No. 30

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The Options of Sheltering for the Civilian Population from the Dangers Occurring During Combat*

06 June 2022

Focus

RiTo No. 30, 2014

  • Piret Avarmaa

    Piret Avarmaa

    Rescue Board, North-Estonian Regional Rescue Centre, Office for Preparedness, Specialist

The threat of military attack against Estonia is currently low but we must nevertheless not discard the possibility that Russia might decide to attack the Baltic region. The civilian population still often bears the brunt of military conflicts, falling victim to attacks either directly or indirectly, and suffering the consequences of the damage to the infrastructure.

The article gives a brief overview of the development of military material which has led to increasingly dramatic consequences for the civilian population. The indirect fire which has caused a military revolution (and has been a hot topic during the ongoing war in Ukraine) means attacking a target outside one’s line of sight, mainly with the use of artillery systems. Indirect fire includes mortars, artillery, rocket launchers, ballistic missiles and cruise missiles, mortar being the first and the most modest indirect fire system among these.

It is impossible to predict the damage inflicted by indirect fire, as it depends on the warhead and fuse used, the point of impact, etc. Russia has used indirect fire systems in wars more as a rule than an exception ever since the 19th century, attacking both civilian targets as well as the population. Since the start of Russia’s so-called special operation on 24 February this year, the history will remember the artillery barrage on Mariupol, Kharkiv, and other Ukrainian cities, which has caused massive damage and civilian casualties. Russia has used guided missiles at the start of the current war in Ukraine. Their use has decreased over the course of the war because Russia is, in all likelihood, trying to save these for cases when the other means of indirect fire are not producing the desired effect.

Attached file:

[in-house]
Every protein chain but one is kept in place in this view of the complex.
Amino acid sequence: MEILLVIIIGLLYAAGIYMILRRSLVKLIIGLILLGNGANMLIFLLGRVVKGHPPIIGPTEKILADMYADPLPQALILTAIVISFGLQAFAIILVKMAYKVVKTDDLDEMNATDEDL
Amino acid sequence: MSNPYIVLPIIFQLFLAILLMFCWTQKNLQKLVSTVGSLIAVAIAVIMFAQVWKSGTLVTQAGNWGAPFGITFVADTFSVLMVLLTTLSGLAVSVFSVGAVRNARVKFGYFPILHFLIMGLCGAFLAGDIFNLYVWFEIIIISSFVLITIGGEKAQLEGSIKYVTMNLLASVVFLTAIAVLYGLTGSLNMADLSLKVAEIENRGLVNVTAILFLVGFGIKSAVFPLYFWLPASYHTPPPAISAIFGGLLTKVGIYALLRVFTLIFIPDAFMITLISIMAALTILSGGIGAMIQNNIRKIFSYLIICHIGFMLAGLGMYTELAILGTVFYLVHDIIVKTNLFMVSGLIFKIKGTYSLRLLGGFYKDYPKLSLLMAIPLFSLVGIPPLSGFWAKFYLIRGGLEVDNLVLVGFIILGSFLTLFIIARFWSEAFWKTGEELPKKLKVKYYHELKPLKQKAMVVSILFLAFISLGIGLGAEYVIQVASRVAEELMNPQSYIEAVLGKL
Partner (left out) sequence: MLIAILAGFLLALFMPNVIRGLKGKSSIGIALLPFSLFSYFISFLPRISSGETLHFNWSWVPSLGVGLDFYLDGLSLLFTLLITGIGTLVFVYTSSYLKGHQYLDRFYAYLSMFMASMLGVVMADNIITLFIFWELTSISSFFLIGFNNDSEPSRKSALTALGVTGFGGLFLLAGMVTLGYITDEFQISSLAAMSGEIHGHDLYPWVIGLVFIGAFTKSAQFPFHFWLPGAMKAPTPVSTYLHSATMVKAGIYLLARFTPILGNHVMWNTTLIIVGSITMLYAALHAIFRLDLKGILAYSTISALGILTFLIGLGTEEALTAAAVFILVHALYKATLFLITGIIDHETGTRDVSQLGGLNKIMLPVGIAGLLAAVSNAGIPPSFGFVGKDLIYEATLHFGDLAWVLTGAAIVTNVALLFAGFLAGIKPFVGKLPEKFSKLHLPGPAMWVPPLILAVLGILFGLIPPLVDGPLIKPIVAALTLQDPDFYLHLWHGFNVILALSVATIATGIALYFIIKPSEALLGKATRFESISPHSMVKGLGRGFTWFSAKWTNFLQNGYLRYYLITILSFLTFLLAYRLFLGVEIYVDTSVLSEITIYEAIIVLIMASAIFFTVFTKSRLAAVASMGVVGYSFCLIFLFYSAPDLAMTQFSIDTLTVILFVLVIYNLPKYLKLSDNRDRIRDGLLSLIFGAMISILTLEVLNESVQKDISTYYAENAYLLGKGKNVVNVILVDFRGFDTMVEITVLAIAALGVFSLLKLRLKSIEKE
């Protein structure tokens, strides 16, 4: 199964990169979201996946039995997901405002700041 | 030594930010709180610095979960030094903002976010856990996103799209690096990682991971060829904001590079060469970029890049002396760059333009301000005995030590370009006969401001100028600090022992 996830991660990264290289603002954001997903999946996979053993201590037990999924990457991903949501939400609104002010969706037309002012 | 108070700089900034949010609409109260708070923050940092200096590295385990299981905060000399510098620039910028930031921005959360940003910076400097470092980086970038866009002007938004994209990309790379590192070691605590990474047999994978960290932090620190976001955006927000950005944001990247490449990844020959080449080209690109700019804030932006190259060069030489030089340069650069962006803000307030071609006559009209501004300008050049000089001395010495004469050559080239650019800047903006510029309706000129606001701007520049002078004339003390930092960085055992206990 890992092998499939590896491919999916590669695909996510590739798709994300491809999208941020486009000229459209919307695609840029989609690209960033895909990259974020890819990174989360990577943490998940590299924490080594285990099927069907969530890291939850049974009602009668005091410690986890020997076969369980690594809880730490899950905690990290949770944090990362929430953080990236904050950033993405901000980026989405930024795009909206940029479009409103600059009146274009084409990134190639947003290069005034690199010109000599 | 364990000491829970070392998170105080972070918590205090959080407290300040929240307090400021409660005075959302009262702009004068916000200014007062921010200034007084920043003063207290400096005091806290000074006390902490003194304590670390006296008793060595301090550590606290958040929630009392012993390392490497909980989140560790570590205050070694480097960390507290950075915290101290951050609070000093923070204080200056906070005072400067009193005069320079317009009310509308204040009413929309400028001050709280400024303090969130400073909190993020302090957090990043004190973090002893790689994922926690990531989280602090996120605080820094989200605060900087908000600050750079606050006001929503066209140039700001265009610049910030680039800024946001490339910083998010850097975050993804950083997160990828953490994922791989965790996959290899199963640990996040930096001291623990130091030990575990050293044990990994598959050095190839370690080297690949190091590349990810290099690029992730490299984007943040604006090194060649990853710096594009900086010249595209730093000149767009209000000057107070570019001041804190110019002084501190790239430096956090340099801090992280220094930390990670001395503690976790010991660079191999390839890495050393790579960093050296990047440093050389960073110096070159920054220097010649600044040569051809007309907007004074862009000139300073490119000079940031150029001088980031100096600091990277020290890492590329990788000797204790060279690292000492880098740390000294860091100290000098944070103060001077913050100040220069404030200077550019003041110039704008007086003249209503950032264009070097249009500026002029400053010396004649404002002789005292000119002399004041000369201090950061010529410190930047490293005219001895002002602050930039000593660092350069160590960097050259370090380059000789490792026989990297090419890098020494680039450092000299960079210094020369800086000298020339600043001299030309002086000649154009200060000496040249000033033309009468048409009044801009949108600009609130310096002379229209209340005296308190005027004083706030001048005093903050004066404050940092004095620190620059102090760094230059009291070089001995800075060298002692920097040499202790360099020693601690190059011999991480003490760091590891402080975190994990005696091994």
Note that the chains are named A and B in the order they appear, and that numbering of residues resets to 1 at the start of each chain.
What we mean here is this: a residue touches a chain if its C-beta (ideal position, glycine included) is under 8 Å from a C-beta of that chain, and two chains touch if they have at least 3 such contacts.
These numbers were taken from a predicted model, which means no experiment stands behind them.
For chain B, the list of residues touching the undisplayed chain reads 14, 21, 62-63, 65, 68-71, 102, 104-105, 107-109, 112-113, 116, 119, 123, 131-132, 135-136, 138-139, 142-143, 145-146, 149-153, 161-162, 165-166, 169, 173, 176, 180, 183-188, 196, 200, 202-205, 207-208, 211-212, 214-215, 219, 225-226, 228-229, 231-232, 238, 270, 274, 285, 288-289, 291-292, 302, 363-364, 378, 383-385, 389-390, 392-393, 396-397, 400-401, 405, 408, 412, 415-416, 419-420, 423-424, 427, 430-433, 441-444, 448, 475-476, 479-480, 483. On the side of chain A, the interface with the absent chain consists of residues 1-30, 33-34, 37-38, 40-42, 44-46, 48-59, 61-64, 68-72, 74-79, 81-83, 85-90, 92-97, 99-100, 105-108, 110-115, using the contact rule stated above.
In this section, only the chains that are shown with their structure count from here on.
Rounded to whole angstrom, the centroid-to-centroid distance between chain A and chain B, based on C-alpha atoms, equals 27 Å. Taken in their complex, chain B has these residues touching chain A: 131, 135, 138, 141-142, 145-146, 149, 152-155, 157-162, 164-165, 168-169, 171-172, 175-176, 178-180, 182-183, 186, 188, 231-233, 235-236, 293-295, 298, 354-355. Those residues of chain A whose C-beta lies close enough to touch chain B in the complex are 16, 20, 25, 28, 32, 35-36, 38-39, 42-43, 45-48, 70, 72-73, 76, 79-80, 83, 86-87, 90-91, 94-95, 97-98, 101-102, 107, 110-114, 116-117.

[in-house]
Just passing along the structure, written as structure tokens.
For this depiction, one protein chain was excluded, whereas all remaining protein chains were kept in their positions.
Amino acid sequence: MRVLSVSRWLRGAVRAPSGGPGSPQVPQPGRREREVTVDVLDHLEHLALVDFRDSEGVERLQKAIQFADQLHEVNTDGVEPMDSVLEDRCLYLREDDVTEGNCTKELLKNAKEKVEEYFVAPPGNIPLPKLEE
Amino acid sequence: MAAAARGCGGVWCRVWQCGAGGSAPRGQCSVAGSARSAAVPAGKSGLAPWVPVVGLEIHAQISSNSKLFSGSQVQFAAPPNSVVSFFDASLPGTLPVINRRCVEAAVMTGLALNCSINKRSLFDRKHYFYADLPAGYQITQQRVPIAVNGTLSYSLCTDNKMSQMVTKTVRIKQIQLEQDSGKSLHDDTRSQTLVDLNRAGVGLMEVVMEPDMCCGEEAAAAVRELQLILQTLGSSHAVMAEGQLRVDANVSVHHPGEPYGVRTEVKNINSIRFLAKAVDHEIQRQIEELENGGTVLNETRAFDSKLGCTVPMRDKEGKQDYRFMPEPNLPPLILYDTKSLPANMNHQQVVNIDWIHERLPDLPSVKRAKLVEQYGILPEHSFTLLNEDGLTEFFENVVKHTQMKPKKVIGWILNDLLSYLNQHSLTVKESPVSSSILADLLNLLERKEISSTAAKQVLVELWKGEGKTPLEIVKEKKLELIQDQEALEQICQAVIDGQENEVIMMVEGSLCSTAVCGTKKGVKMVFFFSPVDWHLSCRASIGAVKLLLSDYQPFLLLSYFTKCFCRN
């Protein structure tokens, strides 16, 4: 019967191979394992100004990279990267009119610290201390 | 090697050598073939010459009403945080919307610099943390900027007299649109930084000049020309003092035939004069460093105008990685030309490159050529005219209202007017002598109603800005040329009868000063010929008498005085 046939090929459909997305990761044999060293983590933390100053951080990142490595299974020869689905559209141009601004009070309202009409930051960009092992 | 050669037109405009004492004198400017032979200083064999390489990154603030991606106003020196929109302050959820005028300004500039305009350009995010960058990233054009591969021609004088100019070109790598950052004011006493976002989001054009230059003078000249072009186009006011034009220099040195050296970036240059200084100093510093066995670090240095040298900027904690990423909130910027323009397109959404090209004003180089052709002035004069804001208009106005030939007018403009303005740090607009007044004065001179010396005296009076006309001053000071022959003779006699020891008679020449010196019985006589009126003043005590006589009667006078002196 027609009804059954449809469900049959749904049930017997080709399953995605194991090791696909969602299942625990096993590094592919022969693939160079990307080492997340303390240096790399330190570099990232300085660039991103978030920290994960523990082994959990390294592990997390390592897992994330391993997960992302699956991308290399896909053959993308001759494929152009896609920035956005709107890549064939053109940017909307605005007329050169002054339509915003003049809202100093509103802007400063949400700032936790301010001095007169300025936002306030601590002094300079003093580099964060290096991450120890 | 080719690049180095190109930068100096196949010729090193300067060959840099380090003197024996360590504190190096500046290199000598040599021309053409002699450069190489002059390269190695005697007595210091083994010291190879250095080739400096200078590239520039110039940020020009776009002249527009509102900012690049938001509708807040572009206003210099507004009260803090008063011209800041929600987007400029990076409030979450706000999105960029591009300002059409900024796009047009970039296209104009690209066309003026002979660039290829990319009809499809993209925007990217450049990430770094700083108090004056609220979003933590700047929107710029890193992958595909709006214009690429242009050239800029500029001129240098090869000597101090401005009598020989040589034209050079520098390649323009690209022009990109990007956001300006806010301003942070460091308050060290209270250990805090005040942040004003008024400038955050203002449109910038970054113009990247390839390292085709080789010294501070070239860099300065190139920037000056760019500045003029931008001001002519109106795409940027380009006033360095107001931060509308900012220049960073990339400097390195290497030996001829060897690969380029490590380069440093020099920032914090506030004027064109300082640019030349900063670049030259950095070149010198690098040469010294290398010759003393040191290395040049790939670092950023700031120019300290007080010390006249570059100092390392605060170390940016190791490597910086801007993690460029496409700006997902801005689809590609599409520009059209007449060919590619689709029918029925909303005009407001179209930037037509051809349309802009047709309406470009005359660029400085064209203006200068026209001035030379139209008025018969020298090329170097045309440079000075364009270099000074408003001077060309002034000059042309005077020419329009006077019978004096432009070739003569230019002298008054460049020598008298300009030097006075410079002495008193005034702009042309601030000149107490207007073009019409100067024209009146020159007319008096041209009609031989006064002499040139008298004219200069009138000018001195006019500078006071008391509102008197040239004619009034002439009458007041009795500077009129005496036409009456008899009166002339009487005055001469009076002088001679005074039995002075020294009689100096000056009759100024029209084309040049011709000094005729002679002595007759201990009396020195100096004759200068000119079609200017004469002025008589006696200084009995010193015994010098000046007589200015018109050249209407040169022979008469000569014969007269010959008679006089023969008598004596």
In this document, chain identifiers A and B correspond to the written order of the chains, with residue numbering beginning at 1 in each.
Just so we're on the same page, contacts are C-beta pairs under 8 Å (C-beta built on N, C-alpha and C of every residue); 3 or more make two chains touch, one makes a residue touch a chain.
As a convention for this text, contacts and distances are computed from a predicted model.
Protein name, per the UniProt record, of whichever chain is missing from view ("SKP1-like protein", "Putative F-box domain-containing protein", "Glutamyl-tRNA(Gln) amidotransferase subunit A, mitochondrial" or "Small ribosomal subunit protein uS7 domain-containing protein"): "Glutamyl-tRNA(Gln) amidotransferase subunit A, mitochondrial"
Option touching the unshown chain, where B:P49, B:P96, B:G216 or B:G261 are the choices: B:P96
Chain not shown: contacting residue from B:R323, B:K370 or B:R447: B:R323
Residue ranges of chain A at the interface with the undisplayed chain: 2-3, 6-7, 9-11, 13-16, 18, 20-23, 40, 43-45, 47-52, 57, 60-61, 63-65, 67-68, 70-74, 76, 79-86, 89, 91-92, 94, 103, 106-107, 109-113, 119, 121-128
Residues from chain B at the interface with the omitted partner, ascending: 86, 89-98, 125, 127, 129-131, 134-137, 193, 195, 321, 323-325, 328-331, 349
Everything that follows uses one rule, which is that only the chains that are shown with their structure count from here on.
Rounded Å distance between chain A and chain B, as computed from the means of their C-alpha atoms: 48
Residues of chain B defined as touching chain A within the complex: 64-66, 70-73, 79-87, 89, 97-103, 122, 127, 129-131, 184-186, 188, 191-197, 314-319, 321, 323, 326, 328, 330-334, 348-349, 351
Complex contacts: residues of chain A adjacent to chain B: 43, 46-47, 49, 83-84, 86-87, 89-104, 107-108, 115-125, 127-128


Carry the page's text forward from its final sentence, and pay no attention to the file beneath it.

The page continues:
The collateral damage from using state-of-the-art weapons and involving the population in warfare has created the need for defence measures, especially in light of warfare increasingly shifting to densely populated areas or urban centres. This is a topic that needs to be discussed in Estonia today. Our key protection measures are evacuation and sheltering. In case of a military threat, it would be impossible to evacuate the whole Ida-Viru County, and 57 percent of the residents would need to remain put. There would be no evacuations carried out among the populations of Narva, Narva-Jõesuu, and Sillamäe, which means that sheltering would remain their only option. As of today, Estonia is lacking special shelters or any kind of sheltering options in general.

There are no sites earmarked or prepared as long-term shelters. In this situation it makes sense to take shelter in basements of apartment buildings, which can be considered home shelters and as such are not publicly accessible. Consequently, the focus is put on public buildings that are in daily use and that can be utilised as public shelters in case of danger.


* The article is based on the master’s thesis defended by the author in the Estonian Academy of Security Sciences in 2021.

 

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